The quest to invent a skimobile, which burned in one man’s heart as fiercely as the Holy Grail, as researched and re-imagined by Older.
Older tells the story of Joseph-Armand Bombardier in the unhurried manner of a river approaching the sea, allowing for plenty of twists and turns as it goes its leisurely way. Bombardier was a boy of his time, and his time—the early years of the 20th century—was all about engines. Link that to his home place—Quebec, where it snowed like crazy for seven months a year and no one bothered to plow the few roads—and his drive to create a snow vehicle is as understandable as might be his love for hot chocolate. The author charts his route from his small village to Montreal, his journeymanship as a mechanic, his marriage and the loss of his son because he couldn’t get him to the hospital through the winter drifts. His gradual fashioning of his workhorse snow machine “to carry doctors to patients, priests to parishioners, children to school” unfolds naturally. It’s a warm story, made toastier still by Lauritano’s spare, retro drawings, which are complemented by period photographs. An affectionate author’s note parses fact from fiction and is followed by a timeline, a bibliography, glossary and index.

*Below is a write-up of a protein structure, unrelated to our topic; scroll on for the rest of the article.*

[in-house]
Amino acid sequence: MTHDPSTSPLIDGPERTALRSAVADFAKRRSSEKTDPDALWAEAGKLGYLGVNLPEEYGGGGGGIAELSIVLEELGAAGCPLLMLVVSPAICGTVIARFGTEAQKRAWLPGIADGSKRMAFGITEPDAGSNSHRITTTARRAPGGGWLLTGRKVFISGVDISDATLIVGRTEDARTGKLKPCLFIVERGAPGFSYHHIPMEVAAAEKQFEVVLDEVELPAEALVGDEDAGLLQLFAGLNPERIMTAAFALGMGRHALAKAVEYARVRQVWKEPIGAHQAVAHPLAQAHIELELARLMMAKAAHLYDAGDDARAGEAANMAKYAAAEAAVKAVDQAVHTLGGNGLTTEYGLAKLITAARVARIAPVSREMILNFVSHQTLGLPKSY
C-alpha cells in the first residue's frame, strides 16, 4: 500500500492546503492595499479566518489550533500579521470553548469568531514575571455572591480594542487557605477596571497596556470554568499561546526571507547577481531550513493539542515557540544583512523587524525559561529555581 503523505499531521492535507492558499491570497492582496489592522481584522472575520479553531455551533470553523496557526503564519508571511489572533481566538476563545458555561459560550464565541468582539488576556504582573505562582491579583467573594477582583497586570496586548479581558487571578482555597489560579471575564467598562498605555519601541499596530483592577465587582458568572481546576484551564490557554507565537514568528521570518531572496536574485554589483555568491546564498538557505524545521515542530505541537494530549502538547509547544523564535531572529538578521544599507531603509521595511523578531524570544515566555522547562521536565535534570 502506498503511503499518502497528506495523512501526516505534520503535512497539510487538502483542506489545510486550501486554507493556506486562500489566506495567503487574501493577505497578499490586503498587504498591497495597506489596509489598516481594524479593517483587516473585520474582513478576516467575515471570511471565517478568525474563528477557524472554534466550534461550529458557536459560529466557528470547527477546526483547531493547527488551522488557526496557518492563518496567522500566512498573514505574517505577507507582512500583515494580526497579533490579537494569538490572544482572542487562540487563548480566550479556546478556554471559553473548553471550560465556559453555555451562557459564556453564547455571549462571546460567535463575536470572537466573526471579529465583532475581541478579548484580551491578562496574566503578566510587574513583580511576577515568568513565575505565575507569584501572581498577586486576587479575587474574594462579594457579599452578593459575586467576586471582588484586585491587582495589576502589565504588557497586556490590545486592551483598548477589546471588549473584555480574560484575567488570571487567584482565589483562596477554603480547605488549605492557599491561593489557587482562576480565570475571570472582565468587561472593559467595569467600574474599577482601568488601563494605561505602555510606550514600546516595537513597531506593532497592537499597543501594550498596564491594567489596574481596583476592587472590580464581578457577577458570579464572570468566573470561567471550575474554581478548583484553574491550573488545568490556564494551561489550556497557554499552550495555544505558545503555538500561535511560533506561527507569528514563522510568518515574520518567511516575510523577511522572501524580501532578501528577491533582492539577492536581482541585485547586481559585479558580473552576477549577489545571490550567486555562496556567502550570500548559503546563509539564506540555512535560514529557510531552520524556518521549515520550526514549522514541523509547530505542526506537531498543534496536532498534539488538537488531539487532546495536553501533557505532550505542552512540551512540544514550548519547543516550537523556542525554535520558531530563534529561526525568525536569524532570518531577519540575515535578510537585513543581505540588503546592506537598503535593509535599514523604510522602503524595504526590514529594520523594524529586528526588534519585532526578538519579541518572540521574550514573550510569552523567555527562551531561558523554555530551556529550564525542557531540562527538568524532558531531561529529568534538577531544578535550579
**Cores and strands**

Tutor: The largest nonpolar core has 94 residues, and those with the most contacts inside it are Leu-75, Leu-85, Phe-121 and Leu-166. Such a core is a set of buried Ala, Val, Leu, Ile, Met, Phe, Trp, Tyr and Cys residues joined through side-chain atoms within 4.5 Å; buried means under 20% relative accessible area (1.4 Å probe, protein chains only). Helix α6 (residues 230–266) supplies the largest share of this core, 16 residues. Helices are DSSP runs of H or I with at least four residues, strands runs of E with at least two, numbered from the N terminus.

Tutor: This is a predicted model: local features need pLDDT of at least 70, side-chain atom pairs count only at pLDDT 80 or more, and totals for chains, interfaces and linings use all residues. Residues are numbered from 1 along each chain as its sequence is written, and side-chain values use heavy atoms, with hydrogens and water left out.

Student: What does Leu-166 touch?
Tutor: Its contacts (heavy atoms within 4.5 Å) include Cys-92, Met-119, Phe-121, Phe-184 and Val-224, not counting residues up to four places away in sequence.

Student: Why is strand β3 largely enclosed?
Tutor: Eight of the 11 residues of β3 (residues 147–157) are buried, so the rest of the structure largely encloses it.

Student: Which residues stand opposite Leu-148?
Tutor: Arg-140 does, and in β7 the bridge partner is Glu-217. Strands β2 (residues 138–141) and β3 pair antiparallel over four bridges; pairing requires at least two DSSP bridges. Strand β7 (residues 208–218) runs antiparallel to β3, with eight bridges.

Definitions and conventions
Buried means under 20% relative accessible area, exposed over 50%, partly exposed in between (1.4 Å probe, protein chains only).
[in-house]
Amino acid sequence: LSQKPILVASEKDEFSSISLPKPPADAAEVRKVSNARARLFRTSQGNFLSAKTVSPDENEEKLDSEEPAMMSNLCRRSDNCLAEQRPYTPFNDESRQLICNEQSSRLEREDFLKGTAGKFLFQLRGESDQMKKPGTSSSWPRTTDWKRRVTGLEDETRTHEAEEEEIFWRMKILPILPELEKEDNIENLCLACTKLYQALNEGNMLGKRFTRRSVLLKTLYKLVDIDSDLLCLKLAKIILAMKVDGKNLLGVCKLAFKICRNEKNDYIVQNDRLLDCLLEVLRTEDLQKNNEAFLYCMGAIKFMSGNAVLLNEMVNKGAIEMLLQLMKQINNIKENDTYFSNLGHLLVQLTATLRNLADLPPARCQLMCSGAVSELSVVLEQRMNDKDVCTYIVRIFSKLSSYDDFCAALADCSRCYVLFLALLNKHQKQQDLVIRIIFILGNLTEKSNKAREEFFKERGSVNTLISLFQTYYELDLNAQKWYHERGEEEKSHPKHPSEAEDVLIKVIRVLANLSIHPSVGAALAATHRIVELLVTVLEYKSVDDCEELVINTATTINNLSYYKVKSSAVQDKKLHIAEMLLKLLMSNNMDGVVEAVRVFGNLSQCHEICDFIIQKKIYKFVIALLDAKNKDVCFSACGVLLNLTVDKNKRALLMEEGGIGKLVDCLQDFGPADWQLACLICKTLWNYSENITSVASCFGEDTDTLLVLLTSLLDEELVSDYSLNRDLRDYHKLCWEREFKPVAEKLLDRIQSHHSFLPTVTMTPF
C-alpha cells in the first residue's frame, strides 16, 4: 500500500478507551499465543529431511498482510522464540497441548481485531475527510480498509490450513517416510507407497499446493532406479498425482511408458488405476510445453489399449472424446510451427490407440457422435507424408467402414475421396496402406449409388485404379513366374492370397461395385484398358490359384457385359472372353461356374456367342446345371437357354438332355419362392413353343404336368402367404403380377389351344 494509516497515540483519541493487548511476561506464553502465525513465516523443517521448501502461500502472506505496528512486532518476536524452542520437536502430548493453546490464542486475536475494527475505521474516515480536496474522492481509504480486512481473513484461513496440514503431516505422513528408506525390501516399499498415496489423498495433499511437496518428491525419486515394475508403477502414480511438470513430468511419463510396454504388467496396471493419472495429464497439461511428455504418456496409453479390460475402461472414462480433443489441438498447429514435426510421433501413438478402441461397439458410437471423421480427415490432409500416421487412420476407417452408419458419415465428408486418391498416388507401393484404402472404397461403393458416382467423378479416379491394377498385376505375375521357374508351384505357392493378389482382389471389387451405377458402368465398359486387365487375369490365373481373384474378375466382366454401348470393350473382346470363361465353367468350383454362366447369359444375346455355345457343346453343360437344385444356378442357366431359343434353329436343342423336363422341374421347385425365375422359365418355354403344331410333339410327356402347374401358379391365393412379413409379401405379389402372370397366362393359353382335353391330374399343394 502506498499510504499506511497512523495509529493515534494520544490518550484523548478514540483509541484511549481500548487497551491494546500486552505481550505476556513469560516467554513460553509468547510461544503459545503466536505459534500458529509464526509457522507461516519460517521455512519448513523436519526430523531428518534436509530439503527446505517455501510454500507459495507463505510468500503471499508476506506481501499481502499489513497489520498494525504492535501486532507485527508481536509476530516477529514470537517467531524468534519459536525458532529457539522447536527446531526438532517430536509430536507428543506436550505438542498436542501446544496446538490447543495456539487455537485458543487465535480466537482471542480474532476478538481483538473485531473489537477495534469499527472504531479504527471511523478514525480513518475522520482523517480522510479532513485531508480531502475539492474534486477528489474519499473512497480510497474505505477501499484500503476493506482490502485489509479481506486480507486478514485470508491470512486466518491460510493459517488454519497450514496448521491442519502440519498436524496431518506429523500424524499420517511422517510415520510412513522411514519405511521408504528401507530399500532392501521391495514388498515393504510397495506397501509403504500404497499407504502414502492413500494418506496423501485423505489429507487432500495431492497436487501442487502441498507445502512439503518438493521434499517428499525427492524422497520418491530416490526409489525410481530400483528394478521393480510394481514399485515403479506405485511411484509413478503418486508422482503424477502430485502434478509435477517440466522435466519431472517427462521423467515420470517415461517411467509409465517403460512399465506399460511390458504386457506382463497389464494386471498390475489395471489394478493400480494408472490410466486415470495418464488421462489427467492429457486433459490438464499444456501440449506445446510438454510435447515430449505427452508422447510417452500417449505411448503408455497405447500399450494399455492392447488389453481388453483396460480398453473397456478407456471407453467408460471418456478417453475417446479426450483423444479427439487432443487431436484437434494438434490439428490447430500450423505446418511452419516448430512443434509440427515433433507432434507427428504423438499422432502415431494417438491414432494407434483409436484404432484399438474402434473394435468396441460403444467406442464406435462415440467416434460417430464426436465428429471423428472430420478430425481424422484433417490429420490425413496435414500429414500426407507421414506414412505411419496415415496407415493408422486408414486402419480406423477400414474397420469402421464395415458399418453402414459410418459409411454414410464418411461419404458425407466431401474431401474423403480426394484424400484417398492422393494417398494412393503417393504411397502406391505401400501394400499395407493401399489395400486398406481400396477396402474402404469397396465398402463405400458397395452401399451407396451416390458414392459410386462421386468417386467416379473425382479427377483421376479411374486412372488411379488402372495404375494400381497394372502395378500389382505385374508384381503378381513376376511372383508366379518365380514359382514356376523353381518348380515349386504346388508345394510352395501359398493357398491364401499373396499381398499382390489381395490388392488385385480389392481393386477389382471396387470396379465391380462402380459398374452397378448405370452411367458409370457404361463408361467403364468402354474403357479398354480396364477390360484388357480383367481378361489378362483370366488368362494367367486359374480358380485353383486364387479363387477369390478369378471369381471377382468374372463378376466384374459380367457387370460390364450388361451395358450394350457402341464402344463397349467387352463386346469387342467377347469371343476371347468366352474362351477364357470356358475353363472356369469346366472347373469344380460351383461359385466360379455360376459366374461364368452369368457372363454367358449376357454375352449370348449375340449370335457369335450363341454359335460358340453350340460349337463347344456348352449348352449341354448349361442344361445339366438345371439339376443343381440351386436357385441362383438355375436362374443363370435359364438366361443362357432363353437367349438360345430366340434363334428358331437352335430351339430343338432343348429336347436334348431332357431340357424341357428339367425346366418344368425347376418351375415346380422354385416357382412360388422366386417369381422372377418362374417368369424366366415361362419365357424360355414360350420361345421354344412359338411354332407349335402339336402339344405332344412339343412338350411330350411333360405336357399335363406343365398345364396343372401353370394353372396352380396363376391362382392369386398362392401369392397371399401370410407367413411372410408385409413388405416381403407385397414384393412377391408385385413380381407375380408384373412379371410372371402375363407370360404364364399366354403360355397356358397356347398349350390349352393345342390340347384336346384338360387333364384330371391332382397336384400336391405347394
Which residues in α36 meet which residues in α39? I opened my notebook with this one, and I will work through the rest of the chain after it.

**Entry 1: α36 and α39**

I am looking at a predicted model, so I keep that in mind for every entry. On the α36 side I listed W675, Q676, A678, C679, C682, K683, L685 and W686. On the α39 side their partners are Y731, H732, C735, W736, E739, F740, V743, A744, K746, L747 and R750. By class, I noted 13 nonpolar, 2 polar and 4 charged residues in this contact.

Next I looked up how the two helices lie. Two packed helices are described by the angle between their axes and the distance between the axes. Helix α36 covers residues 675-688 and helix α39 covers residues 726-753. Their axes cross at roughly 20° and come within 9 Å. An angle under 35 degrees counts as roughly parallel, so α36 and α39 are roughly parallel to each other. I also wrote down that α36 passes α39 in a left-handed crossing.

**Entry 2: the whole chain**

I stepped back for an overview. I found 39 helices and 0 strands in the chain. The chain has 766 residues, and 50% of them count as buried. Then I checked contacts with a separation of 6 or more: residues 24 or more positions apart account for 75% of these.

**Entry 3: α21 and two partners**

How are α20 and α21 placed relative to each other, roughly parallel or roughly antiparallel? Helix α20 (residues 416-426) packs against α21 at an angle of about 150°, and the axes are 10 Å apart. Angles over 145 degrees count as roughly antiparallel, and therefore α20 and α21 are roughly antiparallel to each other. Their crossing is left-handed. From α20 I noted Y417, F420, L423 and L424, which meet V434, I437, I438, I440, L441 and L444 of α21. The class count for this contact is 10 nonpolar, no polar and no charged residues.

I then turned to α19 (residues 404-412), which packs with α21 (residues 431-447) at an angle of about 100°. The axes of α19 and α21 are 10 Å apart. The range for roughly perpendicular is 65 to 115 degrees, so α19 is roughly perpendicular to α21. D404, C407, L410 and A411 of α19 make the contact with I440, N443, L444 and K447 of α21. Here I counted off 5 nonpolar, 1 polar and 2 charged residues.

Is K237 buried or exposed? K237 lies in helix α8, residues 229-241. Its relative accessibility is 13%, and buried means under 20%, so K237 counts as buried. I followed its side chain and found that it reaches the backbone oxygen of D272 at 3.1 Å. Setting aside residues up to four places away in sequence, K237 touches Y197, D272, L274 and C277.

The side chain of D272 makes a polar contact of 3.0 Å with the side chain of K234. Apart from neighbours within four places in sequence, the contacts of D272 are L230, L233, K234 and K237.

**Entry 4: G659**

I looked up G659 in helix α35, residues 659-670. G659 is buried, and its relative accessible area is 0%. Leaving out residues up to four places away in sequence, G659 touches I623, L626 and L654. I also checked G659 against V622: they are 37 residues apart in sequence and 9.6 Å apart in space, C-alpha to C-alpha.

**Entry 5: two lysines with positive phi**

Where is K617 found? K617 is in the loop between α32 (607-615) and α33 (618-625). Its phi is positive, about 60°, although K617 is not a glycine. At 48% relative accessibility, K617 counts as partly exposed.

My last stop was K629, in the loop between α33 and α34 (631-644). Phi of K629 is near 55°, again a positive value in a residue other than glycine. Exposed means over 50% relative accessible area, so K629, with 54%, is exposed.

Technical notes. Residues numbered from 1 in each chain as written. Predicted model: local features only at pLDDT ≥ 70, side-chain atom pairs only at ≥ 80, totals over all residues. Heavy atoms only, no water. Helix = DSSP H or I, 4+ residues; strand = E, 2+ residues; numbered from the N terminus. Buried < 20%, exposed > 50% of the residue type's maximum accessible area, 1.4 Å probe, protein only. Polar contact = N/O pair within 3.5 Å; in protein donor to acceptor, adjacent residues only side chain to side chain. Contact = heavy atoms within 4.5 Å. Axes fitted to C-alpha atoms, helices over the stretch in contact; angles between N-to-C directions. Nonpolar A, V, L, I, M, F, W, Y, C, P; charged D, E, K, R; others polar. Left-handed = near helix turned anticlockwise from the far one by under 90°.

From any perspective, Older’s yeomanly tale of the snow vehicle’s birth is as worthy to know as the inspiration of the Iditarod. (Fiction. 8-11)